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Young Thug Easy Breezy Beautiful Thugger Girls 300 / Atlantic


Young Thug doesn’t have a comfort zone. A restlessly eccentric artist, he’s not afraid to change course, to experiment, or even to fail. The elasticity of his catalogue keeps him tethered to hip-hop even as he bungees into genres like dancehall-flavoured pop with the likes of Jamie xx and, now, country music.

In this latest round of rappers reconciling with the acoustic guitar, Post Malone may have first mover advantage. Still, to suggest Easy Breezy Beautiful Thugger Girls is an example of trend hopping proves absurd with one listen. Countering pre-release speculation, the record pops far more than it twangs. Following the performative accent work of opener Family Don’t Matter, the album discards that pretence like playing off a wardrobe malfunction. Here, Young Thug is on his Taylor Swift, not his Johnny Cash.

Can you blame him? Countless contemporary white artists have gleefully exploited hip-hop’s prominence as America’s freshest commercial well to draw upon in recent years. Rappers in turn are driving huge hits for some of the most banal pop acts, the safe-as-houses sorts you might catch disparate generations of uncool types bopping along to.

With all this wilful blurring underway, it seems more than fair for one of rap’s most versatile and dynamic figures to pivot towards the perceived mainstream. And while Future beat Thug to that mark a few months ago with his candied RnB set HNDRXX, E.B.B.T.G dazzles in its tightrope effort to remain endearingly odd while cruising into accessibility. Admittedly, sometimes it’s strange to encounter Thugger skewing towards the conventional. Booming ballad Relationship arrives with an instantly memorable Future-sung hook in tow. The music box trap beat of On Fire sounds not all that far removed from Fifth Harmony’s Down. It backfires on For Y’all, coming off corny amid the hokey horns and saccharine strums. He fares better on She Wanna Party, vacillating between scream-singing, falsetto, and a genuine, unexpectedly orthodox vocal style.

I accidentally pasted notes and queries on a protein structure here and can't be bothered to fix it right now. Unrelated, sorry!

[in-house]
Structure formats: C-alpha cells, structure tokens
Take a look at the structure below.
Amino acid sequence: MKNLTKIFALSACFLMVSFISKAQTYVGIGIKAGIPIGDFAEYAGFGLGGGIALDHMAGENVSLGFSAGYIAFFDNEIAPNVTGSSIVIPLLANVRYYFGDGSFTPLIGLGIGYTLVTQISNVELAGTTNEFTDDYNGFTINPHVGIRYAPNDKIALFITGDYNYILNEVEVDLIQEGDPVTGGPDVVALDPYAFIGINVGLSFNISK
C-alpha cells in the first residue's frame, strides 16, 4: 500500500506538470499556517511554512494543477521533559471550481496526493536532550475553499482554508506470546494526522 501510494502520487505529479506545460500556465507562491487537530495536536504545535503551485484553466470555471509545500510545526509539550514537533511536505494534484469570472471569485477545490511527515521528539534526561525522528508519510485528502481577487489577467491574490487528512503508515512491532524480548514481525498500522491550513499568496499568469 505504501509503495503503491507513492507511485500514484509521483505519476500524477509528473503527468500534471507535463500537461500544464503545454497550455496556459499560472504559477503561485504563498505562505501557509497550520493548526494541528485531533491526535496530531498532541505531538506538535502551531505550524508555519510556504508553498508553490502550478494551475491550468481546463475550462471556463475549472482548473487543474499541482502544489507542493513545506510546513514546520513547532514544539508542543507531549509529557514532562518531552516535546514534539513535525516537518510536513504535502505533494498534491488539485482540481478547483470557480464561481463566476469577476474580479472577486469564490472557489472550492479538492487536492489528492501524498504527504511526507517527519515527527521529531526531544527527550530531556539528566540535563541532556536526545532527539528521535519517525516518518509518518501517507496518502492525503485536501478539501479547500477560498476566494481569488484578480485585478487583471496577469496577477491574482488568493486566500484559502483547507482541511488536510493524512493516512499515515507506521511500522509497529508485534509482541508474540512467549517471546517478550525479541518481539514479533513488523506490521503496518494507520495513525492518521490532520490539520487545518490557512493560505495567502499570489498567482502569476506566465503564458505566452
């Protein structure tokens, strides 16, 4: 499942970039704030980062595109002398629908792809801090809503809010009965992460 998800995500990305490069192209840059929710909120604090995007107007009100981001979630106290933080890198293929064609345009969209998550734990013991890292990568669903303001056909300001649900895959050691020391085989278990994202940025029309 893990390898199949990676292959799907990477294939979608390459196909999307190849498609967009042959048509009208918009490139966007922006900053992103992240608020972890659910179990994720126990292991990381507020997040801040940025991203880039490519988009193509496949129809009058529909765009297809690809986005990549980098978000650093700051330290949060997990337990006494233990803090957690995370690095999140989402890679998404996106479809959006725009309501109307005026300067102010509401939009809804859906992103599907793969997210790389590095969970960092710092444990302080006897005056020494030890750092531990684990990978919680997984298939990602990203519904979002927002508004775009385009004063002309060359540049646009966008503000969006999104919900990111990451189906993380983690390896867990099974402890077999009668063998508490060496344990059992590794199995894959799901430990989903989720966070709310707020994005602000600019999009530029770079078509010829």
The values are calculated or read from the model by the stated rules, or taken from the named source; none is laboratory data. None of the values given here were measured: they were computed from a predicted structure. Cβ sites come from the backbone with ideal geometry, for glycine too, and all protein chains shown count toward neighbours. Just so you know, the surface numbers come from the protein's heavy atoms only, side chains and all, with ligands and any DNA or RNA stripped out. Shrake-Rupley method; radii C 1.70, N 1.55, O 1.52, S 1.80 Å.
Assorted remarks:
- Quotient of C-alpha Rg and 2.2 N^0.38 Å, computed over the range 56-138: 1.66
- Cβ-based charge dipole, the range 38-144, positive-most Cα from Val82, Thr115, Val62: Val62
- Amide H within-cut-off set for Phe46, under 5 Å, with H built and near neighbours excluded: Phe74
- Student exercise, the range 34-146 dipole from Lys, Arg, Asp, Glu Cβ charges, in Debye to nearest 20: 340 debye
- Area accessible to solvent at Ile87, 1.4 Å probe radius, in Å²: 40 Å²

Thankfully Young Thug hasn’t tempered his brash, loose-lipped lyricism, calling out a letdown of a lover on the hilarious You Said, making boastful Fifty Shades ad libs on Tomorrow Til Infinity, and invoking both masturbation and Popeye’s on Take Care. Even with casual references to AIDS and facesitting, Do U Love Me screams summer single with afrobeats-inflected production by regular collaborator London On Da Track. These frequent moments of delightful absurdity keep this glossy Young Thug reboot unapologetic and honest.